When developing device drivers and porting code to new hardware, programmers will often operate with source code in one hand and data sheet in the other, and it’s often necessary to look at the state of a device’s register set.
Under Linux, you can access registers, or any area of physical memory through the
/dev/mem pseudo-device and the wonders of the
mmap system call. To use it, you open the
mmap the page in which a register is located, then use the pointer returned to read and/or write the data.
I suspect that you can find one of these in every embedded programmer’s toolkit, but at Boundary Devices, we’ve developed a tool known as
devregs that allows you to put a little structure around this facility. It allows you to give names to particular physical memory areas and to describe the bits within a register in the text file
If you look in the git repository, you’ll see two files, named
devregs_imx53.dat which contain a subset of register definitions for the i.MX51 and i.MX53 processors.
We don’t have a proper repository for this type of tool, but you can currently find the source code for our tool in our i.MX utility repository. The file
devregs.cpp is self-contained, so I won’t explain compilation.
Usage for reads:
To read one or more registers, use
devregs with a single parameter that’s either an address or a register name.
root@freescale ~$ devregs 0x73f88000 :0x73f88000 =0x803dffaf
If a register address matches a register in
/etc/devregs.dat, you’ll see the register name:
root@freescale ~$ devregs 0x73f88000 GPIO2_DR:0x73f88000 =0x803dffaf
If used with a register name, any bitfields defined will be shown:
root@freescale ~$ devregs UART1_UFCR UART1_UFCR:0x73fc0090 =0x0801 TXTL 10-15 =0x2 RFDIV 7- 9 =0x0 DCEDTE 6- 6 =0x0 RXTL 0- 5 =0x1
Usage for writes:
To write to a register, use
devregs with two parameters, the address, register, or field name and the value.
The following example shows how to change
GPIO2:2 from an input to an output by tweaking the
root@freescale ~$ devregs GPIO2_GDIR GPIO2_GDIR:0x73f88004 =0x0002c0a4 root@freescale ~$ devregs GPIO2_GDIR 0x2c0a0 GPIO2_GDIR:0x73f88004 =0x0002c0a4 GPIO2_GDIR:0x73f88004 == 0x0002c0a4...0x0002c0a0 root@freescale ~$ devregs GPIO2_GDIR GPIO2_GDIR:0x73f88004 =0x0002c0a0
Note that we try to use register names exactly as defined in the data sheets within the
devregs.dat files. This makes it much easier when looking up values.
As mentioned earlier, the file /etc/devregs.dat is a text file which defines a set of registers.
The simplest entries in the file simply have register names and addresses separated by whitespace as shown in this example for the registers that control GPIO bank 2. Each line defines
GPIO2_BASE 0x53F88000 GPIO2_DR 0x53F88000 GPIO2_GDIR 0x53F88004 GPIO2_PSR 0x53F88008 GPIO2_ICR1 0x53F8800C GPIO2_ICR2 0x53F88010 GPIO2_IMR 0x53F88014 GPIO2_ISR 0x53F88018 GPIO2_EDGESEL 0x53F8801C
Some registers on the i.MX5x aren’t four-byte addressable though (notably the UART and I2C registers). They must be read with word (2-byte) or single byte accesses. You can define such registers by appending either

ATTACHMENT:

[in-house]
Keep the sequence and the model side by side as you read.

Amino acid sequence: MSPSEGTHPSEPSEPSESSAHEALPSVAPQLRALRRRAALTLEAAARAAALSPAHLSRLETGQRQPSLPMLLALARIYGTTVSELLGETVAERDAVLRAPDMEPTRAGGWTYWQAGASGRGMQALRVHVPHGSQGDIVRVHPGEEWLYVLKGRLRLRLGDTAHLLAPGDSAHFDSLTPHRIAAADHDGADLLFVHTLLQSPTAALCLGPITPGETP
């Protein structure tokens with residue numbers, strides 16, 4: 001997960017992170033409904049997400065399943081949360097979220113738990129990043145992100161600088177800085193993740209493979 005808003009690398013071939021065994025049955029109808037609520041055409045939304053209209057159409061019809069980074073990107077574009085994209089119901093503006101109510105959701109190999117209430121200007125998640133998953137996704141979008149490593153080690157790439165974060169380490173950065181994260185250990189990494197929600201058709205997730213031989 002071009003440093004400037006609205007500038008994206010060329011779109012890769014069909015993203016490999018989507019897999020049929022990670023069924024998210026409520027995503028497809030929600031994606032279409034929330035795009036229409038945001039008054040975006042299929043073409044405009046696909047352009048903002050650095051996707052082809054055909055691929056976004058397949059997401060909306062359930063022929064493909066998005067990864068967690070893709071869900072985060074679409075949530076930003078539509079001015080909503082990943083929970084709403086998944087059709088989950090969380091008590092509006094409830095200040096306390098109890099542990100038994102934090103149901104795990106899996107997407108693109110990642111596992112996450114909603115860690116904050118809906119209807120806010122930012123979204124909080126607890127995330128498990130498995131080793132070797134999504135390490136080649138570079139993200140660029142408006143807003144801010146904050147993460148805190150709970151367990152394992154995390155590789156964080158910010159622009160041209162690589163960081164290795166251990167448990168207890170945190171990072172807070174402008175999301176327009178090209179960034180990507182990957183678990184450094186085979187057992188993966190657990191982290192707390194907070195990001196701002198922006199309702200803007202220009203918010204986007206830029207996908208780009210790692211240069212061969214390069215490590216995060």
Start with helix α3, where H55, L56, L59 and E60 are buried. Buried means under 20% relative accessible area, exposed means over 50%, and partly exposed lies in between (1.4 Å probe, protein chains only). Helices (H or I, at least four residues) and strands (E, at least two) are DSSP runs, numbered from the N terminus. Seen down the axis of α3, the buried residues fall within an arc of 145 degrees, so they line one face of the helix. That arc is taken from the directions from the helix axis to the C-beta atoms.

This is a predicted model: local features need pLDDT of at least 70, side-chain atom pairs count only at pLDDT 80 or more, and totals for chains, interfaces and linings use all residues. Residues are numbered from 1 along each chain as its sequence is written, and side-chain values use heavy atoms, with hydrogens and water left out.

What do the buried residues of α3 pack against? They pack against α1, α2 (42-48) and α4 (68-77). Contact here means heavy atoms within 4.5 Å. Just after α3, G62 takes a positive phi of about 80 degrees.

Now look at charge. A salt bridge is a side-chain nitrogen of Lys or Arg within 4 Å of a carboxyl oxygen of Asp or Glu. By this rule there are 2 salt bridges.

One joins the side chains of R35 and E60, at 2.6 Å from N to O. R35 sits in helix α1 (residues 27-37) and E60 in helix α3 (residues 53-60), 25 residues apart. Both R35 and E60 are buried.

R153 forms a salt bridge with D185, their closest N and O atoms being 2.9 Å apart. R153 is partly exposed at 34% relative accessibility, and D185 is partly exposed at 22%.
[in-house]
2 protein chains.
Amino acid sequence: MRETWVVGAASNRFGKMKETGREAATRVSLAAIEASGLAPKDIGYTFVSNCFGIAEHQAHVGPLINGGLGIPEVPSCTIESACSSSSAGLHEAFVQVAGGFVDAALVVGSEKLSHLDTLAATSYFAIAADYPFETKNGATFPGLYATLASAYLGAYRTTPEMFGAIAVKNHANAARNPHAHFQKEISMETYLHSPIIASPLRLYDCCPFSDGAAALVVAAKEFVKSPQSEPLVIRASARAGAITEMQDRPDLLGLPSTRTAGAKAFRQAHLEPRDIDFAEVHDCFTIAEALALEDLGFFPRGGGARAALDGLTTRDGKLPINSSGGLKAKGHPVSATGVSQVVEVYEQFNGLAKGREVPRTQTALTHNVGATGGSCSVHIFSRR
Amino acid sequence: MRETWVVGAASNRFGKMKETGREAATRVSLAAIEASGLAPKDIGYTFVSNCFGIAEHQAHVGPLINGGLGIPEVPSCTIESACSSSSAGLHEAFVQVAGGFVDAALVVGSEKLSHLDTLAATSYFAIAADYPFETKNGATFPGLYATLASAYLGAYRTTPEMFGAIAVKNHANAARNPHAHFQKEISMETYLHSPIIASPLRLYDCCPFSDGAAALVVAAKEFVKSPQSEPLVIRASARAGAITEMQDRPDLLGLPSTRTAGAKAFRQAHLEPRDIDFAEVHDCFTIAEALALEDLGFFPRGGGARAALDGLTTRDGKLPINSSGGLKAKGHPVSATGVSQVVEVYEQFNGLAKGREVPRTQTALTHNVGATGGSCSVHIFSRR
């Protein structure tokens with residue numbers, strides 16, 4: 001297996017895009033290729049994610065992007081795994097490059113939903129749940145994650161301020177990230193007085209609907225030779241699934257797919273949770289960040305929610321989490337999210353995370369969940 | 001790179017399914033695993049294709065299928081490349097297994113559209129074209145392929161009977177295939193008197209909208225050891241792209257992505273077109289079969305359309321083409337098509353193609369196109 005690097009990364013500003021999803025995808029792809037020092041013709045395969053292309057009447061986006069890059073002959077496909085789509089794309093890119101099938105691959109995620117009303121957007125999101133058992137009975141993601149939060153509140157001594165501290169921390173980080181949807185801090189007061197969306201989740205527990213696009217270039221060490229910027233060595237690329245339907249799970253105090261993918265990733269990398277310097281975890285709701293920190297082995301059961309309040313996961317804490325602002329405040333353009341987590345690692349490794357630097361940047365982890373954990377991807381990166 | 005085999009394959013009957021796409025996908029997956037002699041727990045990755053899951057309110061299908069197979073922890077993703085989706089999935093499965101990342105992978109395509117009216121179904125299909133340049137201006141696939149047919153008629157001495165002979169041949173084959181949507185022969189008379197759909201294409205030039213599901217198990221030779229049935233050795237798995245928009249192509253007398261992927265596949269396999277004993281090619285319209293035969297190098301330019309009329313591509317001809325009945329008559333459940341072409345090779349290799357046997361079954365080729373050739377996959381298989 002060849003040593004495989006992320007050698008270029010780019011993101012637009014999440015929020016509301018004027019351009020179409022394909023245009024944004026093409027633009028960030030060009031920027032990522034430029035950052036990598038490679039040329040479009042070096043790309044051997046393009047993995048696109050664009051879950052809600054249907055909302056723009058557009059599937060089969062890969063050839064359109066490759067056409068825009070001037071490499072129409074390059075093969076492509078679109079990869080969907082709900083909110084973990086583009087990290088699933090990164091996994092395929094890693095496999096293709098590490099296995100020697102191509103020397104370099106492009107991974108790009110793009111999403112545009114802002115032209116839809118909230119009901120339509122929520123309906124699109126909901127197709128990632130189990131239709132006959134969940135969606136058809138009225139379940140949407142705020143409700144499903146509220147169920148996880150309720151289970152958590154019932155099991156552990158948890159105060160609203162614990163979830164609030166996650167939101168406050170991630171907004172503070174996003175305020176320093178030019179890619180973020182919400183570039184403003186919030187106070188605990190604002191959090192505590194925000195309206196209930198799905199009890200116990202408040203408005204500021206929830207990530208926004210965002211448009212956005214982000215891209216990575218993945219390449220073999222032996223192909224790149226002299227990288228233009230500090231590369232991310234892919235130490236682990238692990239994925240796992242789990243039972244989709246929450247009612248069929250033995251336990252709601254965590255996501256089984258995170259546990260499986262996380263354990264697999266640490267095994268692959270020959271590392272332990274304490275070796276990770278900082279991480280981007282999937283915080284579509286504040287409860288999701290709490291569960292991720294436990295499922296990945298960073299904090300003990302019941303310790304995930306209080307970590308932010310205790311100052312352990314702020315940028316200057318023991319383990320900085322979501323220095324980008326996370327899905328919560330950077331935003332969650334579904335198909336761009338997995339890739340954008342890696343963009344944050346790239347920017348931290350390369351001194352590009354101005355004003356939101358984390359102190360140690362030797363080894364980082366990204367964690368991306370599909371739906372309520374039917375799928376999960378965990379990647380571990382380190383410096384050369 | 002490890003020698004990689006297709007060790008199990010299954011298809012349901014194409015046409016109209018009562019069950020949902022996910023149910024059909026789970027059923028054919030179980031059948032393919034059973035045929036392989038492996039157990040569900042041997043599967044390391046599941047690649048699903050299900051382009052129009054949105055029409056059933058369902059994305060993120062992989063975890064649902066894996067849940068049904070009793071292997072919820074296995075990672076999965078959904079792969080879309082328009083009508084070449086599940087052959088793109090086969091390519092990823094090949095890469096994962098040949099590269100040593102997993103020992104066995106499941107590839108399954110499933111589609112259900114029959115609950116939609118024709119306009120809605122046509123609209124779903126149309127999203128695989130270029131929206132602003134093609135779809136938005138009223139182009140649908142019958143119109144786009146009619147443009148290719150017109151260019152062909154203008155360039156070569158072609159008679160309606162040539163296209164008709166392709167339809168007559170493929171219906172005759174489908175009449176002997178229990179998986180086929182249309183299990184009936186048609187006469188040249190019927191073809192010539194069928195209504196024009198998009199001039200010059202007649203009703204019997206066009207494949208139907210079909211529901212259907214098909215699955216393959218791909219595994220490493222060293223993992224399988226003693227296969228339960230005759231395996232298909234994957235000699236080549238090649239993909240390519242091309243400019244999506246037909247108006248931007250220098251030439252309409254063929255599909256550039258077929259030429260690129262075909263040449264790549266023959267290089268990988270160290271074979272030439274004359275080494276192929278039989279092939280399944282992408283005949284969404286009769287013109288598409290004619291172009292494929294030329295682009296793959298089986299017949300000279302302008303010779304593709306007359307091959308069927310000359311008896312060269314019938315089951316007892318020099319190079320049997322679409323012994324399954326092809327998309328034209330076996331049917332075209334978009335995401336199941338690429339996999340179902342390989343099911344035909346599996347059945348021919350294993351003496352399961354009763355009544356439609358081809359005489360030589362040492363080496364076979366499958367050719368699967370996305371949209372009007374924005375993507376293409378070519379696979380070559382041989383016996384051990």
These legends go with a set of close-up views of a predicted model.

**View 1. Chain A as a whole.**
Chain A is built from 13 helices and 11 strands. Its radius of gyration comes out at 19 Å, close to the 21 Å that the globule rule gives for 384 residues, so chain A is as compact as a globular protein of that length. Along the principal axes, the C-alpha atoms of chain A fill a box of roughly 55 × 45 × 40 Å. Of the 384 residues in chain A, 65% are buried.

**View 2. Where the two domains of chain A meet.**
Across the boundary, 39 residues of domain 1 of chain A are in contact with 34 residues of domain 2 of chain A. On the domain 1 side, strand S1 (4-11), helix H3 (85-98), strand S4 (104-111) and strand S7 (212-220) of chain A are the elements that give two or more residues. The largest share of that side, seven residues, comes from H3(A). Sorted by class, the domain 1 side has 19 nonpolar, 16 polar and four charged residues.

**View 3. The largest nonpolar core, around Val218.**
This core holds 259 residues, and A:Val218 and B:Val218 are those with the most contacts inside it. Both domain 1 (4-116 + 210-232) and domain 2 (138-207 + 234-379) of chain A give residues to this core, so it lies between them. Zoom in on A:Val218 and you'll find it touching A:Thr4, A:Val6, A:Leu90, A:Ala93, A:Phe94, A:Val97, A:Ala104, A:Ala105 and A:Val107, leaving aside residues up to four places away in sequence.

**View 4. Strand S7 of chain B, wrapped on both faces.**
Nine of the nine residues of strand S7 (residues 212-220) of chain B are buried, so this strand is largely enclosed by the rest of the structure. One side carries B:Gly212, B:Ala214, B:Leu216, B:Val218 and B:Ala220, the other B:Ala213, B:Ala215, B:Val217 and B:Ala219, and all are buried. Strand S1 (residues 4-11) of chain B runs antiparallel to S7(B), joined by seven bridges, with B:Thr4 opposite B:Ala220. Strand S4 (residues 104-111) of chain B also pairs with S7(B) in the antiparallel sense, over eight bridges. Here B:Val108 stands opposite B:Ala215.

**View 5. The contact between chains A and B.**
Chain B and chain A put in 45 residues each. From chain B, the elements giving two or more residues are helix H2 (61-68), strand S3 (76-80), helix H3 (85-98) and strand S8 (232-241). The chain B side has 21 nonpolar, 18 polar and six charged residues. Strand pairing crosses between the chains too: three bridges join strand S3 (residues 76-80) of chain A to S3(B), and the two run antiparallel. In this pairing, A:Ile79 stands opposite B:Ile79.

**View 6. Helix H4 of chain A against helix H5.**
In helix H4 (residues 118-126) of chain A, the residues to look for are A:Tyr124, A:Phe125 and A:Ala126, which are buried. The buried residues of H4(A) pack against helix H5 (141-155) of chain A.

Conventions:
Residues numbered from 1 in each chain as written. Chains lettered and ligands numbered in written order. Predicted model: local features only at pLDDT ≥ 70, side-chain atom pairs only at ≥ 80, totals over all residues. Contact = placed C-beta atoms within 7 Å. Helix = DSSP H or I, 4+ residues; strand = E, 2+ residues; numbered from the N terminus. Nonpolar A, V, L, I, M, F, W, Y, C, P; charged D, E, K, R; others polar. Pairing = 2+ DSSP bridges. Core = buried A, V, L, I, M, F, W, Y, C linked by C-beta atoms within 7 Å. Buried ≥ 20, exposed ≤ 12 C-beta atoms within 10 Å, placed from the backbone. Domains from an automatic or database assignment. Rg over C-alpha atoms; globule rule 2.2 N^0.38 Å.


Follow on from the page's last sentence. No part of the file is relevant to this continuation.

.B to the address. This works either on the command line:
root@freescale ~$ devregs 0X73F98000.W WDOG1_BASE_ADDR:0x73f98000 =0x0030
or in the
To save time and mental energy reading and writing bitfields in a register, you can specify bitfields on the command-line.
Fields are specified in the form
start-end in either order:
root@freescale ~$ devregs GPIO2_GDIR:2-0 GPIO2_GDIR:0x73f88004 =0x0002c0a4 2-0 0- 2 =0x4 root@freescale ~$ devregs GPIO2_GDIR:0-2 GPIO2_GDIR:0x73f88004 =0x0002c0a4 0-2 0- 2 =0x4
You can also specify a single bit, which is useful when toggling a single bit as I did in the previous example:
root@freescale ~$ devregs GPIO2_GDIR:2 0 GPIO2_GDIR:0x73f88004 =0x0002c0a4 2 2- 2 =0x1 GPIO2_GDIR:0x73f88004 == 0x0002c0a4...0x0002c0a0 root@freescale ~$ devregs GPIO2_GDIR:2 GPIO2_GDIR:0x73f88004 =0x0002c0a0 2 2- 2 =0x0
/etc/devregs.dat, you can also give bit fields names by starting a line with a colon (the whitespace is just for readability). When specified after a register, the bit fields apply to that single register.
IOMUXC_GPR2 0x53FA8008 :COUNTER_RESET_VAL:21-20 :LVDS_CLK_SHIFT:18-16 :BGREF_RRMODE:15 :DI1_VS_POLARITY:10 :DI0_VS_POLARITY:9 :BIT_MAPPING_CH1:8 :DATA_WIDTH_CH1:7 :BIT_MAPPING_CH0:6 :DATA_WIDTH_CH0:5 :SPLIT_MODE_EN:4 :CH1_MODE:3-2 :CH0_MODE:1-0
Because the layout of a register is often repeated for multiple instances of UARTs or I2C devices for example, the parser for
/etc/devregs.dat allows you to define a named set of bit fields and then use it for multiple register definitions.
The set of bit fields is defined by starting a line in the file with a slash (/) and following it with a set of fields:
/uart_urxd :CHARRDY:15 :ERR:14 :OVRRUN:13 :FRMERR:12 :BRK:11 :PRERR:10 :DATA:7-0
You can then refer to the named set of fields using this form:
UART0_URXD 0x73FBC000.W :uart_urxd/
Please note that using
/dev/mem is completely dangerous and only available when running as
root. Only do it if you know what you’re doing.
Okay, now don’t say I didn’t warn you.